“The fourth lesson, girl,” says Vincent. “Decide. Then do it. Monday through Friday, here on out, that’s supposed to give you the reflexes so you can put the point of that sword wherever you need it to be without thinking. It’s what every fencer learns, more or less. You want to fight, you gotta be stepping through these four lessons all the time, over and over, a cycle. Like a heartbeat. Where are you? What’s around you? What are you going to do? Then do it, and back again: now where are you? Now what’s around you? Now what are you gonna do? Huh?”

“Okay,” says Jo. She hasn’t moved. Her knees still bent, her left hand up and back, her right arm extended but not stiffly straight, her sword canted up a little to the side.

“So do it already,” says Vincent.

Jo drops her arm, lowers the sword. Bends down to lay it on the floor. Straightens, hands held out to either side. Looking not at him but Ysabel behind him, who’s shaking her head, smiling, looking away.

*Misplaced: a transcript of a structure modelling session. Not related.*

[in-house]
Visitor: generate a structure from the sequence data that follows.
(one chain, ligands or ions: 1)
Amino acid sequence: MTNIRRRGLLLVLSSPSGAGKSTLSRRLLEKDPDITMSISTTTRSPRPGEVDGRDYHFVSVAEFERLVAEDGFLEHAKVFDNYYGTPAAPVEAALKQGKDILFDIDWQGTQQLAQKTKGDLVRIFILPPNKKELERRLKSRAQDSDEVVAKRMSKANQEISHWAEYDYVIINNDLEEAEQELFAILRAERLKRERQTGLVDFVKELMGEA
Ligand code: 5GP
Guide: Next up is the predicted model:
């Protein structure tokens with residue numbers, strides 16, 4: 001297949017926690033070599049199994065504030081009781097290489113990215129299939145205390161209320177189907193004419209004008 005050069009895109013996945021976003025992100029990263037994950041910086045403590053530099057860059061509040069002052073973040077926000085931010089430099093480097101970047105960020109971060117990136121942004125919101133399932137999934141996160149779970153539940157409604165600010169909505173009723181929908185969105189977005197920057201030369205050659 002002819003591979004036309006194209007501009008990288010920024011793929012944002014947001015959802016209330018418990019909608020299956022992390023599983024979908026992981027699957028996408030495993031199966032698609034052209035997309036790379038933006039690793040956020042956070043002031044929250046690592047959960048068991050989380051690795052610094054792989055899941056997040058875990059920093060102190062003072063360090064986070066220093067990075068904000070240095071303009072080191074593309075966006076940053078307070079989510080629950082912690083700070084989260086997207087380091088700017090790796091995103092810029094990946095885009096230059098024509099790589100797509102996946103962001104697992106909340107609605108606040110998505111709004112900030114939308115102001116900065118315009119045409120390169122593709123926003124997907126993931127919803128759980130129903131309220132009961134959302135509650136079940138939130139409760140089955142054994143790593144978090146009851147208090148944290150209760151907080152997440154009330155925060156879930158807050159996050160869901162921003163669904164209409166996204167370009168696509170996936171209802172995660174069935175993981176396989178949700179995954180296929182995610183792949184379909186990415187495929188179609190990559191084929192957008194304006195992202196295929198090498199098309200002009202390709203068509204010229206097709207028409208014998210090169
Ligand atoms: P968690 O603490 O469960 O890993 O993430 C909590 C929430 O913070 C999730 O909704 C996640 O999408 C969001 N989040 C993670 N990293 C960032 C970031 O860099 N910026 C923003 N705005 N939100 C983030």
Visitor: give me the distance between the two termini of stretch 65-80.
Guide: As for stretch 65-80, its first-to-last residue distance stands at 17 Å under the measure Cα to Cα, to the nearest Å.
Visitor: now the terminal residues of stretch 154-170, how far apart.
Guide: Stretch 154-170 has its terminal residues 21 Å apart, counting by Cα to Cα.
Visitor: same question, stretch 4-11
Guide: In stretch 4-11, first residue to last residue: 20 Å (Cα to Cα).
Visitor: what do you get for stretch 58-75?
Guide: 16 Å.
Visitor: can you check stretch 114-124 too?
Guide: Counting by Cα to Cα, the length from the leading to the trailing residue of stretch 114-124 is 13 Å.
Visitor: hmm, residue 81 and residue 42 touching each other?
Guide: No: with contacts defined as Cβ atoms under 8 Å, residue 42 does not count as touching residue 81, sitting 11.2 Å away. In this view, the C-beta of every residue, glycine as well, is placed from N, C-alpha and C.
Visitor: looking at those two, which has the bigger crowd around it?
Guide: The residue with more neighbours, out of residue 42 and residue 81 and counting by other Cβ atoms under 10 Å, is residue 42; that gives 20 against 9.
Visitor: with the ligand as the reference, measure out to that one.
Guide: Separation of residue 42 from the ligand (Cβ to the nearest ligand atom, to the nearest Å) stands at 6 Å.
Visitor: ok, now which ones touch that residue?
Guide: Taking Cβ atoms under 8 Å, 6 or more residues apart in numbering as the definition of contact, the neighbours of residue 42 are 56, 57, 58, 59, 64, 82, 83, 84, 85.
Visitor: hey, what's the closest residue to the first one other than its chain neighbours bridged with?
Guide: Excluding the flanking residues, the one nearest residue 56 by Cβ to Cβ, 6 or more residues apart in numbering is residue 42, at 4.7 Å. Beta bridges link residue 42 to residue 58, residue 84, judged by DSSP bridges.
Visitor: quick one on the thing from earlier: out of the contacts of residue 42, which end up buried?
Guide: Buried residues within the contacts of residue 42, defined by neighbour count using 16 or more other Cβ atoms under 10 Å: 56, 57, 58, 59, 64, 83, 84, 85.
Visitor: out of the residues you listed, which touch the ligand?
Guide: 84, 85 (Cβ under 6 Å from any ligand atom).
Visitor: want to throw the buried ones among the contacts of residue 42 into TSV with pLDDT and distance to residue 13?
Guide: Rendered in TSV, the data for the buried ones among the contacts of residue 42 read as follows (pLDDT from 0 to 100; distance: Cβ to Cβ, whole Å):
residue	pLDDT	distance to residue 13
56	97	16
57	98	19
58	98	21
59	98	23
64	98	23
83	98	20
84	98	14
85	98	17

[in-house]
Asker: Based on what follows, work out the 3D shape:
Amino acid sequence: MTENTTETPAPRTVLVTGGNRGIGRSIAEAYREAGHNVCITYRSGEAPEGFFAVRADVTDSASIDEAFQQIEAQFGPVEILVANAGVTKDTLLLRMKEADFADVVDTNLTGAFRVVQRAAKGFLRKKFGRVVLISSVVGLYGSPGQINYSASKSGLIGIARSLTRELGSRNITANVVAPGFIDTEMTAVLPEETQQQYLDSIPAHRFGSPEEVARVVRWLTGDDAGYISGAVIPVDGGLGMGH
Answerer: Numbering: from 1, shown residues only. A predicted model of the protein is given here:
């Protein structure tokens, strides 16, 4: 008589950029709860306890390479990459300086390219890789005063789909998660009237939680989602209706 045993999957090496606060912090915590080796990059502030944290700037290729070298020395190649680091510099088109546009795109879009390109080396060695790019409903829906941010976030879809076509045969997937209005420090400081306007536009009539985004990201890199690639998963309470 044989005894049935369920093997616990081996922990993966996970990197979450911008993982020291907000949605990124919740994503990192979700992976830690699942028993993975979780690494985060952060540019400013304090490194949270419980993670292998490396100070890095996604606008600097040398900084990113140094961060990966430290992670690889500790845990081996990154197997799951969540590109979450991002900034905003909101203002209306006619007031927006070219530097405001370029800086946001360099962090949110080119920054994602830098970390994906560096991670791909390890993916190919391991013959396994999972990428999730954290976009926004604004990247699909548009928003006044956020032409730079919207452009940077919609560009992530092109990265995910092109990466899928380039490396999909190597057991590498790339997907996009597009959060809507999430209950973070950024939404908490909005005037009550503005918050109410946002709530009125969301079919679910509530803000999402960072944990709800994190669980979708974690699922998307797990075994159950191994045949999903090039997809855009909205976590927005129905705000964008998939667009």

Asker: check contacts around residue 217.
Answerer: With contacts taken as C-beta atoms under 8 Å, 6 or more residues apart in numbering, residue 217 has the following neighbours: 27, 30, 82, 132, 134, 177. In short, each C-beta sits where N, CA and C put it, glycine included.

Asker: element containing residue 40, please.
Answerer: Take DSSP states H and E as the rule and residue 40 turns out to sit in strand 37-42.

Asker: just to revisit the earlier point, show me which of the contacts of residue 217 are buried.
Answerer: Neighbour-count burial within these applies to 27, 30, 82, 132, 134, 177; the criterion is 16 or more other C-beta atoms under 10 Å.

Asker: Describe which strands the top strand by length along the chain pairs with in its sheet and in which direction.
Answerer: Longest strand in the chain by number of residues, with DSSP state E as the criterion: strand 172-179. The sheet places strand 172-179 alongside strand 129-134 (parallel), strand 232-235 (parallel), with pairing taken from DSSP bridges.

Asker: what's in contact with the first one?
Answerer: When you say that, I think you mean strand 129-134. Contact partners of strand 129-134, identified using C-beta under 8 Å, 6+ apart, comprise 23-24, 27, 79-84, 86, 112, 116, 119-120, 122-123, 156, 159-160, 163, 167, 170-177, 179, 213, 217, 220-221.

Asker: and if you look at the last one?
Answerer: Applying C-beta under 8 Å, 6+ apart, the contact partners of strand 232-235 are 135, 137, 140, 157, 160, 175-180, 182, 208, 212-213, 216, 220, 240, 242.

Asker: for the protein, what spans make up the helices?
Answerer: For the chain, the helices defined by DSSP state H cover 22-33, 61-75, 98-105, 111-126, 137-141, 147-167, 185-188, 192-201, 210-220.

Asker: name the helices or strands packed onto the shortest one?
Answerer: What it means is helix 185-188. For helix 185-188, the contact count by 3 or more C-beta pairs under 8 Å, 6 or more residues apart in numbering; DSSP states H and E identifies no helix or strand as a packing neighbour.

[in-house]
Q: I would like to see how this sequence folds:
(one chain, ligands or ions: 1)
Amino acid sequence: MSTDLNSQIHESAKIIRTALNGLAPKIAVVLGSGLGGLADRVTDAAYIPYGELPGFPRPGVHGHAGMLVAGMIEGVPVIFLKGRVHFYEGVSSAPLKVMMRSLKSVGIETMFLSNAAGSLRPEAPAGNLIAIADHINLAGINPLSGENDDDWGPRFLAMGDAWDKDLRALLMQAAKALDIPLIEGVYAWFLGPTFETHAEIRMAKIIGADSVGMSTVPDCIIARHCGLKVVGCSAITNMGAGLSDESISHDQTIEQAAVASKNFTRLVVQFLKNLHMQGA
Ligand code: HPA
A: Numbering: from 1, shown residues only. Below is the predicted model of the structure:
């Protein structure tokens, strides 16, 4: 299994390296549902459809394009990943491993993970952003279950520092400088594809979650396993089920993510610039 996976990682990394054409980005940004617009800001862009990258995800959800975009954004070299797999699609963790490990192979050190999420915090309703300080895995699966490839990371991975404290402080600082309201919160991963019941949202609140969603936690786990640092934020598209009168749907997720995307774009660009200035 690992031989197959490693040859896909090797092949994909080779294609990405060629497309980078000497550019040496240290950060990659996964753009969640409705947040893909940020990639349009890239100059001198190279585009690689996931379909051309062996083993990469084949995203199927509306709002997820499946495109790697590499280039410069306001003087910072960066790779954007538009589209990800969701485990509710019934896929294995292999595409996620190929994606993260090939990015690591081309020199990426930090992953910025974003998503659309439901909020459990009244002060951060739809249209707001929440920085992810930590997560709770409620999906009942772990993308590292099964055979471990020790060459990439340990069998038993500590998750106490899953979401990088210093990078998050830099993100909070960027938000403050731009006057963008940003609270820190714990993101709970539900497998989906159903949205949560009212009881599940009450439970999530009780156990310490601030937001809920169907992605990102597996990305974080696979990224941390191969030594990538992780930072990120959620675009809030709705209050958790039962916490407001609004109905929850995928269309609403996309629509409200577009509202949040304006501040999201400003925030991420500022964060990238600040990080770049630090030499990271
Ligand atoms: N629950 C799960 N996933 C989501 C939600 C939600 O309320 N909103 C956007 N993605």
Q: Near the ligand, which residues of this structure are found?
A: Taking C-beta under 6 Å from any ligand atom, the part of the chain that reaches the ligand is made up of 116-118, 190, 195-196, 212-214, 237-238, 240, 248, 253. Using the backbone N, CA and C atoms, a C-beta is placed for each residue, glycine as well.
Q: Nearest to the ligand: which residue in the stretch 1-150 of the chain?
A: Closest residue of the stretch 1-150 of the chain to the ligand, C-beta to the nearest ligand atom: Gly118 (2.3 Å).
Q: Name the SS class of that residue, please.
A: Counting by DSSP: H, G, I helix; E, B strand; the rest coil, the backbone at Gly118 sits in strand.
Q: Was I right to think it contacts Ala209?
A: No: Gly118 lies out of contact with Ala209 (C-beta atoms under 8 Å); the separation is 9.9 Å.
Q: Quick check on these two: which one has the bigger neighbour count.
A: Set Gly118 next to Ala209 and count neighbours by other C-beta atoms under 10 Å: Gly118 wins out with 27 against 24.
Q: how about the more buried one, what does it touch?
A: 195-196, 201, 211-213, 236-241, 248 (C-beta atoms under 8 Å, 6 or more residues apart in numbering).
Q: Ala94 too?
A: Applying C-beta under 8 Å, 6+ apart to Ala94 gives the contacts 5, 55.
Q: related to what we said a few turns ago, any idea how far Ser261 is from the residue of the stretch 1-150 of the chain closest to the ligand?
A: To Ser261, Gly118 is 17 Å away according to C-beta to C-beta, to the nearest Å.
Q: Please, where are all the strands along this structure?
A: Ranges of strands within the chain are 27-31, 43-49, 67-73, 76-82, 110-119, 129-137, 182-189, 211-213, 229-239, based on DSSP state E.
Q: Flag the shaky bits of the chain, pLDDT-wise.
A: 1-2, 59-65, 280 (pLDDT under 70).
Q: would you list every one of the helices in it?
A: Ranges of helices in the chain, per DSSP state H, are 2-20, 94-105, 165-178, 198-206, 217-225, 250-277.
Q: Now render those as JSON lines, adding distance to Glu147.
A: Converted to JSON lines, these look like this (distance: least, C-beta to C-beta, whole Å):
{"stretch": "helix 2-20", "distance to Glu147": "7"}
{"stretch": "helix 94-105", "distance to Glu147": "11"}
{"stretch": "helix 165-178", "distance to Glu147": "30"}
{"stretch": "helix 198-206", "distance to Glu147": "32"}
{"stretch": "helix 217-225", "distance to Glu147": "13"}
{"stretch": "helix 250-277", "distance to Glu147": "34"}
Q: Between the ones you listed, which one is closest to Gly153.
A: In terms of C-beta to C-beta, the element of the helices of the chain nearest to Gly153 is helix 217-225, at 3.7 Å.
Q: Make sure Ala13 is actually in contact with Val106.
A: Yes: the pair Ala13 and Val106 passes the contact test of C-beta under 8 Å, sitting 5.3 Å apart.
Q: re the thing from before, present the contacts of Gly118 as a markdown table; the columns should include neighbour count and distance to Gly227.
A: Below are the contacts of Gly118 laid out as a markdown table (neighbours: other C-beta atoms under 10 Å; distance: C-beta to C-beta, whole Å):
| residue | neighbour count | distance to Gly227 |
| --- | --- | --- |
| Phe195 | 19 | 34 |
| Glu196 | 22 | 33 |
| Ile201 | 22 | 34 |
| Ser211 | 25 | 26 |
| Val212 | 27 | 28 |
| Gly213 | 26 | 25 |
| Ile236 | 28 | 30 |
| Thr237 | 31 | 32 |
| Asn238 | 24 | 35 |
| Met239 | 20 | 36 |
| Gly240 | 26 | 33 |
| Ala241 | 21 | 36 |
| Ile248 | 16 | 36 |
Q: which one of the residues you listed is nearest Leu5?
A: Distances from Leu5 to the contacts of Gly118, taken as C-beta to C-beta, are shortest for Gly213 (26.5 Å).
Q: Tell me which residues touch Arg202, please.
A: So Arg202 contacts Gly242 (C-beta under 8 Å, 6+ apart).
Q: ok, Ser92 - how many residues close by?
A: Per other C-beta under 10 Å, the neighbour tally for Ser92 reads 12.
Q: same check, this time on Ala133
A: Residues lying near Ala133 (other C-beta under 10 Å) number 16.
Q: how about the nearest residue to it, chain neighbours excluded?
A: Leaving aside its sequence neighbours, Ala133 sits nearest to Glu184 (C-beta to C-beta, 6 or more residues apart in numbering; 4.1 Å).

“Why’d you do that?” says Vincent. “Show your work.”

“I saw the way you looked at her,” says Jo. “You can’t even bring yourself to pretend to threaten her. Just stand in front of her like that and glare at me.”

“So that’s her safety. What about yours?”

“If she asked you to jump off the roof, you would,” says Jo. “What’d you think I was gonna do? Attack you?”

“I thought maybe you’d try to surprise me during my little speech. That’s why I went on so long.” He steps his right foot forward, shifting his body, his right arm now with the sword up and out before him, his prosthetic tucked in up by his chest. “You really think you can depend on a word from her?”

“Put up your sword, Mr. Erne,” says Ysabel. “We’ve all made our various points.”

He laughs. Lowers his sword. Slashes it back and forth, the tip brushing the floor. “All right,” he says. “I’ll see you tomorrow. Eleven o’clock.”

“Tomorrow!” says Jo.

“It’s Friday, isn’t it?” He walks across the room to the serried row of practice swords on the floor. “Monday through Friday. No exceptions.” He lays his sword back in its place. “And bring the money.”